One of the foremost applications of AI and machine learning is Automatic Speech Recognition (ASR) technology, the conversion of spoken word to text. While the field has been around for more than 60 years, huge strides have been made in ASR in the last 10 years.

The advent of cloud computing has made massive amounts of data available to industry leaders, presenting exciting opportunities to improve ASR accuracy. This influx of data has driven developers to find ways to make deep learning training algorithms more efficient. And as ASR technology has improved, customers have come to expect more from it. That’s why researchers and developers are testing new ASR systems that can produce accurate results from low-quality or long-distance audio. 

ASR technology is incredibly accurate and has many, many uses. It’s what powers the dictation features on your smartphone when you don’t have a free hand to type a message. It can automatically transcribe the content of a legal deposition or a police officer’s body camera footage. It even can provide automatic live captions for a marketing webinar or a college professor’s lecture.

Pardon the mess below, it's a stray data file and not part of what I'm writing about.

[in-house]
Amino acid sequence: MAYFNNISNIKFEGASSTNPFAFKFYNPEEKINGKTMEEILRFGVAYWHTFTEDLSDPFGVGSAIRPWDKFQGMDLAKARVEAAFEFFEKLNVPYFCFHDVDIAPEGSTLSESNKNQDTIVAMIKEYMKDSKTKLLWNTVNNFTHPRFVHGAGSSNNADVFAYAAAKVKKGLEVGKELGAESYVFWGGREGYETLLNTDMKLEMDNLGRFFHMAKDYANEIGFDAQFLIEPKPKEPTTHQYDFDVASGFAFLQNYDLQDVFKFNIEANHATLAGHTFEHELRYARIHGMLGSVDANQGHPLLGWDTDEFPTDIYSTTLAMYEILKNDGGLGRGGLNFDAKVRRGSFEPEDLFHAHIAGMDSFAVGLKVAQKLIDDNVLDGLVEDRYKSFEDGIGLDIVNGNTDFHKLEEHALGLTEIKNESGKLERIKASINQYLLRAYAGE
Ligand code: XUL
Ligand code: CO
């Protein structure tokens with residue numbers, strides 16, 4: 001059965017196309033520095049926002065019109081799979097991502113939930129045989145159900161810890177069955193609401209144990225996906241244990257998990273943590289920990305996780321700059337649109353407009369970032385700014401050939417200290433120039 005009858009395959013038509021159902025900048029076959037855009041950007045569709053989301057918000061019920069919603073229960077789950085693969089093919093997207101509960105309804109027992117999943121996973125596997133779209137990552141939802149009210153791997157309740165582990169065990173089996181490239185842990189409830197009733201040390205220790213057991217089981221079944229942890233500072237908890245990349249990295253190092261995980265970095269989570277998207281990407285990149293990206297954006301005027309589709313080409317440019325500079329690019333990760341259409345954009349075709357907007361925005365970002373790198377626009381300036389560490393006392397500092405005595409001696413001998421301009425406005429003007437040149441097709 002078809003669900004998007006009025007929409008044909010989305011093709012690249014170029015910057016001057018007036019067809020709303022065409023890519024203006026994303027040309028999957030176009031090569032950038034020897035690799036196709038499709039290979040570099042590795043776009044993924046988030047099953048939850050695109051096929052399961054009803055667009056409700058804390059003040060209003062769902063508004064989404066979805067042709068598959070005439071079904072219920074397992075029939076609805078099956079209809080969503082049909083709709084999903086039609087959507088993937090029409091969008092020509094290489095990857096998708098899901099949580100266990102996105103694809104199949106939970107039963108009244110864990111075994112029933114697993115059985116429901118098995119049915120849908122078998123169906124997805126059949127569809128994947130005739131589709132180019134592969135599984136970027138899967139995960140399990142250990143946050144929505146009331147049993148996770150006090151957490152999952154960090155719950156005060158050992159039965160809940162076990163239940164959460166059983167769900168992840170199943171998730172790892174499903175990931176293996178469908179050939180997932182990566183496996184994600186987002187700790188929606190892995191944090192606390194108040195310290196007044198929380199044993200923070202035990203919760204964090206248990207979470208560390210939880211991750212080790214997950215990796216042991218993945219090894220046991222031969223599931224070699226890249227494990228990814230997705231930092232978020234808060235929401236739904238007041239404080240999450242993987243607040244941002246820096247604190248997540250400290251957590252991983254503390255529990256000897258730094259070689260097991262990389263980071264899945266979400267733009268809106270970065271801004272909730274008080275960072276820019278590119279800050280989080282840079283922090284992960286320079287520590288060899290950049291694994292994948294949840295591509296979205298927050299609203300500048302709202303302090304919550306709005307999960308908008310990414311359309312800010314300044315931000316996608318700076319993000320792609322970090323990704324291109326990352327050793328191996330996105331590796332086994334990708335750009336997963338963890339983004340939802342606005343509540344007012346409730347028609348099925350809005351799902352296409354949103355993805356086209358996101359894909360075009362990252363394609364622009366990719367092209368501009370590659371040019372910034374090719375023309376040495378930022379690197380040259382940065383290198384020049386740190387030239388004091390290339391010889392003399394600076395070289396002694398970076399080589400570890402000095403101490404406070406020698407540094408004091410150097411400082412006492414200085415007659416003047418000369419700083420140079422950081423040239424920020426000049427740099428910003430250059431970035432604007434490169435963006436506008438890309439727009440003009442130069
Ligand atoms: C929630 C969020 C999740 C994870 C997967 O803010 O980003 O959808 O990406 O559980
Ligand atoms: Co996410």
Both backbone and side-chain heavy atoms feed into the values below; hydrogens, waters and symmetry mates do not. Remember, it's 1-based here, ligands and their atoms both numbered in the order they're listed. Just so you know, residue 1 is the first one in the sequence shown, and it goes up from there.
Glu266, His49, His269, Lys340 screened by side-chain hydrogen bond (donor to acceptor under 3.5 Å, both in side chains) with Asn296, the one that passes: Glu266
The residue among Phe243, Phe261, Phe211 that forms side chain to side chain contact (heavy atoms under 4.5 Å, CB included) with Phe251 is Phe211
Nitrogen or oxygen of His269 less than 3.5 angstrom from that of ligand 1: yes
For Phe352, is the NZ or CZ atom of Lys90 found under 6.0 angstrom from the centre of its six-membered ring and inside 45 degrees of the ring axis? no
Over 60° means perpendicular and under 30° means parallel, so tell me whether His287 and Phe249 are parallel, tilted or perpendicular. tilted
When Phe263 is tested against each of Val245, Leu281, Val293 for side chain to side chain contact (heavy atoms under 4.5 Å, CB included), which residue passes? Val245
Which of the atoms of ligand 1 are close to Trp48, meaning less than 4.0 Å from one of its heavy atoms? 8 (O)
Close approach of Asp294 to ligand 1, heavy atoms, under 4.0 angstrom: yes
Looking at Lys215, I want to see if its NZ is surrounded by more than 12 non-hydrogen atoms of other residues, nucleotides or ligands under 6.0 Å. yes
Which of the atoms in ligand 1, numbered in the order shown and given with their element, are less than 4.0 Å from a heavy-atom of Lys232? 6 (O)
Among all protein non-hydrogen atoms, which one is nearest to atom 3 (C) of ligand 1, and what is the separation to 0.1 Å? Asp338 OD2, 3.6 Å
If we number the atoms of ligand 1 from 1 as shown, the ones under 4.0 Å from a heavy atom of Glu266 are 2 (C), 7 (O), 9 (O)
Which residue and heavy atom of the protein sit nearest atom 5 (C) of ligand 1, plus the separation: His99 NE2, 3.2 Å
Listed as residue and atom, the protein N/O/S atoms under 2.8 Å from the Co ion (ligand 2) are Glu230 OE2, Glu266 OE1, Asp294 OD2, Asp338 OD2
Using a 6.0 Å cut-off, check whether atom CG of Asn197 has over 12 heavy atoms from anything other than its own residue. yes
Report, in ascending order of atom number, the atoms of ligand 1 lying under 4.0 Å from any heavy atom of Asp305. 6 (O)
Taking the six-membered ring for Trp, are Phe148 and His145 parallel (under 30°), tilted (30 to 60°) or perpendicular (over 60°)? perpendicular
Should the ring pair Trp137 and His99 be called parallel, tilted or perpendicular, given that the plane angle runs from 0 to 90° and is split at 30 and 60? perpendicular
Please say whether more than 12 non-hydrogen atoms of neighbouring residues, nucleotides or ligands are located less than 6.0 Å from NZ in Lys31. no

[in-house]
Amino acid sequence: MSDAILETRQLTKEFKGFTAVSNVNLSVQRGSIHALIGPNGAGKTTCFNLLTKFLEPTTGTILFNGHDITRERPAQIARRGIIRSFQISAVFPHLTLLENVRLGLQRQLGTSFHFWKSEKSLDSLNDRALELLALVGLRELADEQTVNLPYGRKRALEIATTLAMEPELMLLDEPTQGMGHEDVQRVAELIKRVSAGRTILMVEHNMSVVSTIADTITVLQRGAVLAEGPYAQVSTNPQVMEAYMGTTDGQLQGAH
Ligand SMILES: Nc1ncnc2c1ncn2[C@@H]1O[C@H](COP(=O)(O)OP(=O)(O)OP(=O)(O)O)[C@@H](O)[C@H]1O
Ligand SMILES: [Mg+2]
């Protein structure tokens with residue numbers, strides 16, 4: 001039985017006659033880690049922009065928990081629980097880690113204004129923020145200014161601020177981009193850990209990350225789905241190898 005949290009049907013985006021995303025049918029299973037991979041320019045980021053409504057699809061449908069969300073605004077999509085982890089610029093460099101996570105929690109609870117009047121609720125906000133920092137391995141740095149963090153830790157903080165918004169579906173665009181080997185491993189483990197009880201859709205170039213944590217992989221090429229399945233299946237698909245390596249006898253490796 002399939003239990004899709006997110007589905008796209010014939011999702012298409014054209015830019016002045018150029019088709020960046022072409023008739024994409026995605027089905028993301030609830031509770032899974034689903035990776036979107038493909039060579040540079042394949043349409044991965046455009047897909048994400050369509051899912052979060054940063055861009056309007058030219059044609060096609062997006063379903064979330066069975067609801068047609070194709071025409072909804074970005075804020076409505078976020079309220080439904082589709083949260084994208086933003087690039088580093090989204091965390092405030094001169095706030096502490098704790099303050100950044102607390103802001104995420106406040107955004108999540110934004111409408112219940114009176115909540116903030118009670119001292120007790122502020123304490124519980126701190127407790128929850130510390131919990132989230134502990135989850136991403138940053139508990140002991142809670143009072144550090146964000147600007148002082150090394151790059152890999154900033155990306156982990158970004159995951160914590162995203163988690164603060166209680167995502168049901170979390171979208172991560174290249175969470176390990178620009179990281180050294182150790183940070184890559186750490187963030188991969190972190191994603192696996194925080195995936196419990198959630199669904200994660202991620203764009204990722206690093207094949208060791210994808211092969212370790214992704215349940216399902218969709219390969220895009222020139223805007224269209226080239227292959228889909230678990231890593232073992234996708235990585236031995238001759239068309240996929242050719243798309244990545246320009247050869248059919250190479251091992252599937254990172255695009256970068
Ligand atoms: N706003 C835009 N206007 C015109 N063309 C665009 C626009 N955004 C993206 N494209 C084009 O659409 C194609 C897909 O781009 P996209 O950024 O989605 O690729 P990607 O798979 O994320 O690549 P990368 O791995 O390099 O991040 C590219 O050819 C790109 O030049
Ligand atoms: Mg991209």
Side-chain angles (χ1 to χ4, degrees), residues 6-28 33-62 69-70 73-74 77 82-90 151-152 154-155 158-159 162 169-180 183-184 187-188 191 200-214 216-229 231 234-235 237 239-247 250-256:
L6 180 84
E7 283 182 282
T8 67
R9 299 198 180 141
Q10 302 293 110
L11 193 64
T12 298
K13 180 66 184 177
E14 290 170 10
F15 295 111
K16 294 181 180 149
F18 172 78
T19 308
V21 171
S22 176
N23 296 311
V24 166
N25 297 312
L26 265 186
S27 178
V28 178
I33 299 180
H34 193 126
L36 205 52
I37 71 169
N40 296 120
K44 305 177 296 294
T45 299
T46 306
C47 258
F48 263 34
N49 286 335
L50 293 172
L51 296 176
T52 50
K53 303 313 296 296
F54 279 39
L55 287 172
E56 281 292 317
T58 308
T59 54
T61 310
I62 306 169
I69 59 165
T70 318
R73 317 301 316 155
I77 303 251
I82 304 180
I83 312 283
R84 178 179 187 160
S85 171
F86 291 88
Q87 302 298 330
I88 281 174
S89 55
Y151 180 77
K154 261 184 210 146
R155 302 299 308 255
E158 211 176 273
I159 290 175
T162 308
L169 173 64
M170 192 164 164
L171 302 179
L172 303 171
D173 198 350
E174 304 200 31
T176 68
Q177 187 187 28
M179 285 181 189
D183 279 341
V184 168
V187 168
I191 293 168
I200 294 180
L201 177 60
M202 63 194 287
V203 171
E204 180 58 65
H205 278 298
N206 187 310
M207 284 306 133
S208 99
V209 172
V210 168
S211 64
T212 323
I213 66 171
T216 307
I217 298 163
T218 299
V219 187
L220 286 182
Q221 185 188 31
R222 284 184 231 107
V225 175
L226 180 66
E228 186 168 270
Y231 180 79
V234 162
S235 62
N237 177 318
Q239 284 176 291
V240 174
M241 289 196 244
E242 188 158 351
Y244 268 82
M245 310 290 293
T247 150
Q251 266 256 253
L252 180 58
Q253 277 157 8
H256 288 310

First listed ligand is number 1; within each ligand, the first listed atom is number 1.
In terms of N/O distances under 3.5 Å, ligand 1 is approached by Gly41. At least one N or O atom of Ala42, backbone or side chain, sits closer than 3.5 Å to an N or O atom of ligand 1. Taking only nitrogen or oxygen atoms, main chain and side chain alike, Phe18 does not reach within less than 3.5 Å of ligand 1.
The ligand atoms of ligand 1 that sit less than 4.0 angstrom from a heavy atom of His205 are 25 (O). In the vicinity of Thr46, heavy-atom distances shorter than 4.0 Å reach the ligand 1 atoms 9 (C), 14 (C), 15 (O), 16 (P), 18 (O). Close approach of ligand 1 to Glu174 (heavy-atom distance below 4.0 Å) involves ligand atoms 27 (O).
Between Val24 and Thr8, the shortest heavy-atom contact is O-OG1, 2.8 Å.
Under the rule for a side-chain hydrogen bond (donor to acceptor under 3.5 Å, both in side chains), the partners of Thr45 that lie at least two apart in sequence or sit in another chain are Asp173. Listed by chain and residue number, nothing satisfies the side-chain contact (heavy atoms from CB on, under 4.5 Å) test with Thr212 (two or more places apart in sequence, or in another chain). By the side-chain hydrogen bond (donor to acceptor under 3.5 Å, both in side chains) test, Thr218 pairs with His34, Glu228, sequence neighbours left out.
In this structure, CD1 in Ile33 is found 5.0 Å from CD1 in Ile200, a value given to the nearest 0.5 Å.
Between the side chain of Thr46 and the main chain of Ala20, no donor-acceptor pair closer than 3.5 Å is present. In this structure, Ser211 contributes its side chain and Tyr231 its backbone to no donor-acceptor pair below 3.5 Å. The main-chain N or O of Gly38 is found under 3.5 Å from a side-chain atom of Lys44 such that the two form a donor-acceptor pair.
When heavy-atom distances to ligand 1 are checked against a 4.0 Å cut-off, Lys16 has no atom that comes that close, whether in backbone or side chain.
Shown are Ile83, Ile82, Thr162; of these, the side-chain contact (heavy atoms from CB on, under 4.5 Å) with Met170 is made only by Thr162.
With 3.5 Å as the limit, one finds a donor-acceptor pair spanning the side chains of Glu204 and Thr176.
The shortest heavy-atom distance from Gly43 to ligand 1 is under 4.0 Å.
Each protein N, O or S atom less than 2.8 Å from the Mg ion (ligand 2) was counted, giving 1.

Automated Speech Recognition with Rev

Rev’s industry-leading ASR technology, Rev.ai, is the most accurate on the market, besting similar technologies from tech giants like Google, Amazon, and Microsoft. Our team has leveraged decades of experience to create a suite of speech-to-text services — including live captioning, video captioning, transcription, and an innovative API — that are fast, affordable, easy to use, and scalable for enterprise level businesses.